World Library  
Flag as Inappropriate
Email this Article

Ubangian languages

Article Id: WHEBN0018801012
Reproduction Date:

Title: Ubangian languages  
Author: World Heritage Encyclopedia
Language: English
Subject: Classification of Pygmy languages, Congo Pygmies, Languages of Africa, Ngbaka languages, Mayogo language
Collection: Ubangian Languages
Publisher: World Heritage Encyclopedia
Publication
Date:
 

Ubangian languages

Ubangian
Geographic
distribution:
Central African Republic, Cameroon, Gabon, Republic of the Congo, Democratic Republic of the Congo, South Sudan
Linguistic classification: Niger–Congo?
Subdivisions:
Glottolog: uban1244  (Ubangian + Zande)[1]

The Ubangian languages form a fairly close-knit language family of some seventy languages centered on the Central African Republic. They are the predominant languages of the CAR, spoken by 2–3 million people, and include the national language, Sango. They are generally included in the Niger–Congo family, though this has not been demonstrated.

External classification

Greenberg (1963) classified the then-little-known Ubangian languages as Niger–Congo and placed them within the Adamawa languages as "Eastern Adamawa". They were soon removed to a separate branch of Niger–Congo, for example within Blench's Savanna languages.[2] However, this has become increasingly uncertain, and Dimmendaal (2008) states that, based on the lack of convincing evidence for a Niger–Congo classification ever being produced, Ubangian "probably constitutes an independent language family that cannot or can no longer be shown to be related to Niger–Congo (or any other family)."[3] Blench (2012) notes that Dimmendaal presents no positive evidence that it is distinct, and continues to include Ubangian within Niger–Congo.[4]

Internal classification

Boyd and Moñino (2010) removed the Gbaya and Zande languages.[5] The half dozen remaining branches are coherent, but their interrelationships are not straightforward. Williamson & Blench (2000) propose the following arrangement:

Ubangian 

Banda


Ngbandi (Sango, with 2 million speakers total, is Ngbandi-based)

 Sere–Mba 

Sere

 Ngbaka–Mba 

Ngbaka (note the principal Gbaya language is also called Ngbaka)


Mba




In addition there is the Ngombe language, whose placement is uncertain due to a paucity of data.

Note: The ambiguous name Ngbaka is used for various languages in the area. Generally, singular Ngbaka language refers to one of the main Gbaya languages, whereas plural Ngbaka languages refers to a branch of Ubangian.


References

  • Yves Moñino, 1988, Lexique comparatif des langues oubanguiennes
  1. ^ Nordhoff, Sebastian; Hammarström, Harald; Forkel, Robert; Haspelmath, Martin, eds. (2013). "Ubangian + Zande". Glottolog 2.2. Leipzig: Max Planck Institute for Evolutionary Anthropology.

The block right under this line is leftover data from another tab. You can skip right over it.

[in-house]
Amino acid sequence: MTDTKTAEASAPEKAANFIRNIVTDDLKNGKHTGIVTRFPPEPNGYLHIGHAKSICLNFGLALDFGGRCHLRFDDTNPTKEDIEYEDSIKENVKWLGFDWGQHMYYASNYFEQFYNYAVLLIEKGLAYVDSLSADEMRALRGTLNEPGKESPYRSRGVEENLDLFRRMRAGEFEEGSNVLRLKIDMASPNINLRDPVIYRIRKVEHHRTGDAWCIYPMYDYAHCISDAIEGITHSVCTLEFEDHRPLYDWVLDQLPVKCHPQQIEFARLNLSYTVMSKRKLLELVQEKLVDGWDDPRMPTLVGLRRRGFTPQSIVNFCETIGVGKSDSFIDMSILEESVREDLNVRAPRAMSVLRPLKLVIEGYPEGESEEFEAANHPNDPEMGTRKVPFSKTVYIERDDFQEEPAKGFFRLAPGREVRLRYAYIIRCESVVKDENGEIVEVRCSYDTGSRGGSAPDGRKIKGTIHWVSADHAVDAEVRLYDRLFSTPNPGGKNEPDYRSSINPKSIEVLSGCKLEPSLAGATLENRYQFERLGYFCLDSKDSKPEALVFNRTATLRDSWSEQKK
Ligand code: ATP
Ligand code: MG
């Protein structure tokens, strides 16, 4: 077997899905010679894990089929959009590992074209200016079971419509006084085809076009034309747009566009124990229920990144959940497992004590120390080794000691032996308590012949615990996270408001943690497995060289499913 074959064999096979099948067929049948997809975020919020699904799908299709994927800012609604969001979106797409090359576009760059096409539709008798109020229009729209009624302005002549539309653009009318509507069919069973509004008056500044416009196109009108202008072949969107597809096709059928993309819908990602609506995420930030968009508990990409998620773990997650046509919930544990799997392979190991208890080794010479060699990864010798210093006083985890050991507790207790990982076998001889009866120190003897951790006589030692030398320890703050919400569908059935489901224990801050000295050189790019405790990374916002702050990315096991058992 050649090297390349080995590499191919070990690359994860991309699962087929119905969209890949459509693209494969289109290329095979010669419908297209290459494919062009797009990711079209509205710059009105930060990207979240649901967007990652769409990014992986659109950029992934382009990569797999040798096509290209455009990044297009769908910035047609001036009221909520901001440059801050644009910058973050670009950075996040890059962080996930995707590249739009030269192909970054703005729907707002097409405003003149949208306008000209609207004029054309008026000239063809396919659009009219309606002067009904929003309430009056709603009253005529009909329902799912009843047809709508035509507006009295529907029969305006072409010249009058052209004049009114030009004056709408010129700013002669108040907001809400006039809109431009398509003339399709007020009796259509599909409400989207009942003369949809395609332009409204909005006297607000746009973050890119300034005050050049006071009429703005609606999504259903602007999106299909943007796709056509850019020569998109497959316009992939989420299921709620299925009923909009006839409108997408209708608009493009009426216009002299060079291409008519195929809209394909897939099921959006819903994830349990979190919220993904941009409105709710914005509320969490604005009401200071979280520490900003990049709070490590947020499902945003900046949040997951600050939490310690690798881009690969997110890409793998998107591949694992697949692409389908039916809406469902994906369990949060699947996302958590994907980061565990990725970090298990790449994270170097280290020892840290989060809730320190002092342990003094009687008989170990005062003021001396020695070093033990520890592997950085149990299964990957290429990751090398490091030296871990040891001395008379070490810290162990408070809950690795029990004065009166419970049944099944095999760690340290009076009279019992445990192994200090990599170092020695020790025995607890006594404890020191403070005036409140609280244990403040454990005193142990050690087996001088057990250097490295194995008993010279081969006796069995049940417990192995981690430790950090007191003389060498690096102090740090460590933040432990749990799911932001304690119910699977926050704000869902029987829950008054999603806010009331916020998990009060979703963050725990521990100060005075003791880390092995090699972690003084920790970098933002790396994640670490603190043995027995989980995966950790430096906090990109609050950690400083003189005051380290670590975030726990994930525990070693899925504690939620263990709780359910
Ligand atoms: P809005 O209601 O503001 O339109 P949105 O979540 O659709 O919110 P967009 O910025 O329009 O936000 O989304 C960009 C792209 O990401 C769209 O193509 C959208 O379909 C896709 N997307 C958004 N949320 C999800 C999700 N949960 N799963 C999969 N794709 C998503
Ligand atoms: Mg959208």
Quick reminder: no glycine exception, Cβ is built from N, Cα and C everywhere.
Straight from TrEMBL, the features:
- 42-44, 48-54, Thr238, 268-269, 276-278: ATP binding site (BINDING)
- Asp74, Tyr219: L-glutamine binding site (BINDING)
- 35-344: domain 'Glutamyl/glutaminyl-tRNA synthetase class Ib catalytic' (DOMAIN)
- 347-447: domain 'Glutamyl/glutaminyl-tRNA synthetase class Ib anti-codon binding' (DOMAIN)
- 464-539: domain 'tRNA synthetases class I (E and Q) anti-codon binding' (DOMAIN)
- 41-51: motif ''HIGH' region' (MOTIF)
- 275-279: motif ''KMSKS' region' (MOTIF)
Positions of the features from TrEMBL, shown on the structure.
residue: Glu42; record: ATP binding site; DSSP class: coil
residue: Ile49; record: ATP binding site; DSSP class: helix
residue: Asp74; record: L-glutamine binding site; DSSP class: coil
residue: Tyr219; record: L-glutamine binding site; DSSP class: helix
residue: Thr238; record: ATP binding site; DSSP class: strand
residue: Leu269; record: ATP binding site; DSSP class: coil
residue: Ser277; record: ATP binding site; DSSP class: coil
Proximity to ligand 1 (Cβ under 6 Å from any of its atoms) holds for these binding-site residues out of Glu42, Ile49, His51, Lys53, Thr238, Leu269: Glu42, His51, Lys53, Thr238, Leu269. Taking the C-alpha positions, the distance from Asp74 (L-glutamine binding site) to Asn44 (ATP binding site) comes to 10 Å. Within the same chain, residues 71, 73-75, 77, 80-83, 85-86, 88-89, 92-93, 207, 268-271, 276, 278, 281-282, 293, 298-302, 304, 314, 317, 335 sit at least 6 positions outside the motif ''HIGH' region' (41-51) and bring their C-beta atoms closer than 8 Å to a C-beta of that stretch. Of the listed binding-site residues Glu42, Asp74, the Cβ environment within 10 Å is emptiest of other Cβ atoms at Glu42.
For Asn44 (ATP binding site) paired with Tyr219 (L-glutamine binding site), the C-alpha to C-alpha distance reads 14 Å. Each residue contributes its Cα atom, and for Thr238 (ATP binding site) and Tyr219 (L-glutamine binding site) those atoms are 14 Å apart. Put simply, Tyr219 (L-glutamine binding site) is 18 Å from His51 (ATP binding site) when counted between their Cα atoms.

2. ^ Williamson, Kay & Blench, Roger (2000) 'Niger–Congo', in Heine, Bernd & Nurse, Derek (eds.) African languages: an introduction, Cambridge: Cambridge University Press.
  3. ^ Gerrit Dimmendaal (2008) "Language Ecology and Linguistic Diversity on the African Continent", Language and Linguistics Compass 2/5:841.
  4. ^ Roger Blench, Niger-Congo: an alternative view
  5. ^ The position of Gbaya-Manza-Ngbaka group among the Niger-Congo languages
This article was sourced from Creative Commons Attribution-ShareAlike License; additional terms may apply. World Heritage Encyclopedia content is assembled from numerous content providers, Open Access Publishing, and in compliance with The Fair Access to Science and Technology Research Act (FASTR), Wikimedia Foundation, Inc., Public Library of Science, The Encyclopedia of Life, Open Book Publishers (OBP), PubMed, U.S. National Library of Medicine, National Center for Biotechnology Information, U.S. National Library of Medicine, National Institutes of Health (NIH), U.S. Department of Health & Human Services, and USA.gov, which sources content from all federal, state, local, tribal, and territorial government publication portals (.gov, .mil, .edu). Funding for USA.gov and content contributors is made possible from the U.S. Congress, E-Government Act of 2002.
 
Crowd sourced content that is contributed to World Heritage Encyclopedia is peer reviewed and edited by our editorial staff to ensure quality scholarly research articles.
 
By using this site, you agree to the Terms of Use and Privacy Policy. World Heritage Encyclopedia™ is a registered trademark of the World Public Library Association, a non-profit organization.
 



Copyright © World Library Foundation. All rights reserved. eBooks from World eBook Library are sponsored by the World Library Foundation,
a 501c(4) Member's Support Non-Profit Organization, and is NOT affiliated with any governmental agency or department.